CDT 2021: Day 39, Springs near El Rito Creek to Hopewell Lake

I was shaking like a leaf on a tree

Distant hikers

We didn't get any rain last night, but a thick layer of clouds moved in by morning. When I woke up and crawled out of my tent, I saw a dark and dreary sky. I figured there was a good chance of rain sometime today.

DateSaturday, May 22, 2021
WeatherVariable cloudiness with periods of light rain; temperatures from the mid-40s to low-60s
Trail ConditionsSometimes muddy; some sections of trail appear to be new
Today's Miles19.5
Trip Miles595.3

Zigzag said he was cold and wanted to get moving to warm up, so he left camp first. Sasquatch needed a few more minutes to get ready before he left. I was delayed again this morning because of my slow water filter. I've been looking forward to getting to Chama, where I can pick up the new filter waiting for me at the post office.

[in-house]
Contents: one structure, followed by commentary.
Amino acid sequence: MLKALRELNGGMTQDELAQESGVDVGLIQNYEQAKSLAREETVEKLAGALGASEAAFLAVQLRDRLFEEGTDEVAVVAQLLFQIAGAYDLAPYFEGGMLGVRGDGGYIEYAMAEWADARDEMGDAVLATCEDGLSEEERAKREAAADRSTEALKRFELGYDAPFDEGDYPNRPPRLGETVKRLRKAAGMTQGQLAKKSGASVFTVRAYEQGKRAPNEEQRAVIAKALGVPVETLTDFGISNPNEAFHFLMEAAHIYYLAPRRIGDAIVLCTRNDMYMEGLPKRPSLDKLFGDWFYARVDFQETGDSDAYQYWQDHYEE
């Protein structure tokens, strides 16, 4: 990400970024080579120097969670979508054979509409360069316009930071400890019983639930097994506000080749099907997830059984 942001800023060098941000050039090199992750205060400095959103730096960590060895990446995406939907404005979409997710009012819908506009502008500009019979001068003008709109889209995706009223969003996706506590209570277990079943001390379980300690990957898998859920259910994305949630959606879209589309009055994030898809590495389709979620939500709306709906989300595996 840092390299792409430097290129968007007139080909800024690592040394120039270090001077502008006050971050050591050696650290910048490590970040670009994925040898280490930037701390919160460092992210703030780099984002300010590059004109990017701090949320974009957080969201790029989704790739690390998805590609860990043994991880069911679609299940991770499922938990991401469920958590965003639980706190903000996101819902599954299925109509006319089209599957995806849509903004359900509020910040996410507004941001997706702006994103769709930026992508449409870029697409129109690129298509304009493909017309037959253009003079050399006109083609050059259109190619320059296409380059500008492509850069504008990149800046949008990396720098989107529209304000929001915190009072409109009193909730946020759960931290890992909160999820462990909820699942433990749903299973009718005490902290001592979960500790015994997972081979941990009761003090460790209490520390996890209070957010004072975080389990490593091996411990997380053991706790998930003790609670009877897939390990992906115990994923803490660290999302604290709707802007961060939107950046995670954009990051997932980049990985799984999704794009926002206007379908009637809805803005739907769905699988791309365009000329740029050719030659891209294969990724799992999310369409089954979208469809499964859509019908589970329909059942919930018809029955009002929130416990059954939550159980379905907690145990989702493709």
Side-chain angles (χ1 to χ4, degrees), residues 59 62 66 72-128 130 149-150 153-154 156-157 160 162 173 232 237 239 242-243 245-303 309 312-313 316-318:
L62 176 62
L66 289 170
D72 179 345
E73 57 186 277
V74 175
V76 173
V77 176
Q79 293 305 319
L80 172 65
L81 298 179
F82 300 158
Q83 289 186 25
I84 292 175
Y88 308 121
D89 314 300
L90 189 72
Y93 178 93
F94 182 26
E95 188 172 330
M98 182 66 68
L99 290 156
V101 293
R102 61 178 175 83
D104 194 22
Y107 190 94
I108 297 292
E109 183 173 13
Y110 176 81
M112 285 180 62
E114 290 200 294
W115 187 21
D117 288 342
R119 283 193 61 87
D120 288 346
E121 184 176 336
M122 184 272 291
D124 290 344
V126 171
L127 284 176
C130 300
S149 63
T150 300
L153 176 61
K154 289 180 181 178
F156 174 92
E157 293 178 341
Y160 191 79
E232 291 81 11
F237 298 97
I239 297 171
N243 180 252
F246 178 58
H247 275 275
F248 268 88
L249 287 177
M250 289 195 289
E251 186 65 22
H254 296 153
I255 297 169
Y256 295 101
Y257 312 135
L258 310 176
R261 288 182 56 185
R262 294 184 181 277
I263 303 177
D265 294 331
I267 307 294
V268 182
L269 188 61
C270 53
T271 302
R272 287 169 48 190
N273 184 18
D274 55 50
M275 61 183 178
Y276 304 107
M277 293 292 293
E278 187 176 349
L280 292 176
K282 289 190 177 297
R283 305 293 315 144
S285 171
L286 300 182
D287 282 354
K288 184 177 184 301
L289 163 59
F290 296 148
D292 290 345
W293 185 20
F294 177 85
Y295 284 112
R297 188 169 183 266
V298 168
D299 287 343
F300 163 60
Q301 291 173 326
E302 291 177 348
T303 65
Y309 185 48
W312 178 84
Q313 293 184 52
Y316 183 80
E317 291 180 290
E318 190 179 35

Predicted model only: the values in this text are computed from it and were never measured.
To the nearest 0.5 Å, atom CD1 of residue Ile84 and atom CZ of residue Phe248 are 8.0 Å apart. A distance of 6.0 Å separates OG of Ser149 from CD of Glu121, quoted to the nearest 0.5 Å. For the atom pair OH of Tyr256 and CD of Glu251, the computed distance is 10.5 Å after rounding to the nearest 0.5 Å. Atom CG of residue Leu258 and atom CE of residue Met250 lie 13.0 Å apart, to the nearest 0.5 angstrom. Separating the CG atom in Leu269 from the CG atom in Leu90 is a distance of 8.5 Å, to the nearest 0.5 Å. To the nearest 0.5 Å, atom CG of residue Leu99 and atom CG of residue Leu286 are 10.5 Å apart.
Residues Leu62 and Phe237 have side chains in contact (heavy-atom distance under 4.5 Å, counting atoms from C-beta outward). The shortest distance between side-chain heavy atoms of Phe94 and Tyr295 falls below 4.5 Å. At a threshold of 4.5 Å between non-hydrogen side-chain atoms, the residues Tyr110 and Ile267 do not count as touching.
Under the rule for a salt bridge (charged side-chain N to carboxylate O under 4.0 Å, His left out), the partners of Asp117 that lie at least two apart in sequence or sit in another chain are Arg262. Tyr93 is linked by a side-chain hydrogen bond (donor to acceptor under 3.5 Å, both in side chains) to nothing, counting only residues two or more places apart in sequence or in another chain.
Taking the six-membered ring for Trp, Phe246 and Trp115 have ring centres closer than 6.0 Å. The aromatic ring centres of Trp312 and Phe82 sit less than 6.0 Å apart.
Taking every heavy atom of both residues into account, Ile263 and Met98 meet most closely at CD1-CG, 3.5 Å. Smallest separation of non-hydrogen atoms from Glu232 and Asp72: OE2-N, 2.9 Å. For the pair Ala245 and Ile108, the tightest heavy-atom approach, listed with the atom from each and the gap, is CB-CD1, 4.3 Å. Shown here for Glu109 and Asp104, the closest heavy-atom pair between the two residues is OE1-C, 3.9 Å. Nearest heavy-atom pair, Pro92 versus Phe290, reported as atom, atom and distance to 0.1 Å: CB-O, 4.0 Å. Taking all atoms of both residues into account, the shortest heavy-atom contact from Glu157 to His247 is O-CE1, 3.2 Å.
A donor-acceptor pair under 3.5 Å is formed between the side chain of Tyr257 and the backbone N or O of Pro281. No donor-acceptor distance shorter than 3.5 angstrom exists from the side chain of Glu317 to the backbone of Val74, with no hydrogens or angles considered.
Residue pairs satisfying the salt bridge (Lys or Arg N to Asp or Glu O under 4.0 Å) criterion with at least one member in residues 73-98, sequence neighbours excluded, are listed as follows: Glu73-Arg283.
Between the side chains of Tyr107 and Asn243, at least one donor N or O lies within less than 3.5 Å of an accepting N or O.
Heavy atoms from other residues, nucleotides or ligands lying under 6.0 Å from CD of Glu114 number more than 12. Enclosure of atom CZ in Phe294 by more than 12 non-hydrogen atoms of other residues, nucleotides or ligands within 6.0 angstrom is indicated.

A break in the clouds

When I finally began hiking, I noticed a break in the clouds. I wondered if I was wrong earlier about the possibility of rain. That hope didn't last long, however, as the patch of blue sky was soon covered by gray clouds.

A marker stands next to the CDT

Today was the worst day so far when it came to a mismatch between the trail and the Guthook app. Several sections of the route appeared to be new. The app didn't show any of the changes.

Two hikers walk by

The new trail was marked well, so I decided to take it instead of following what Guthook said. The terrain was mostly flat and easy for the first 3.5 miles.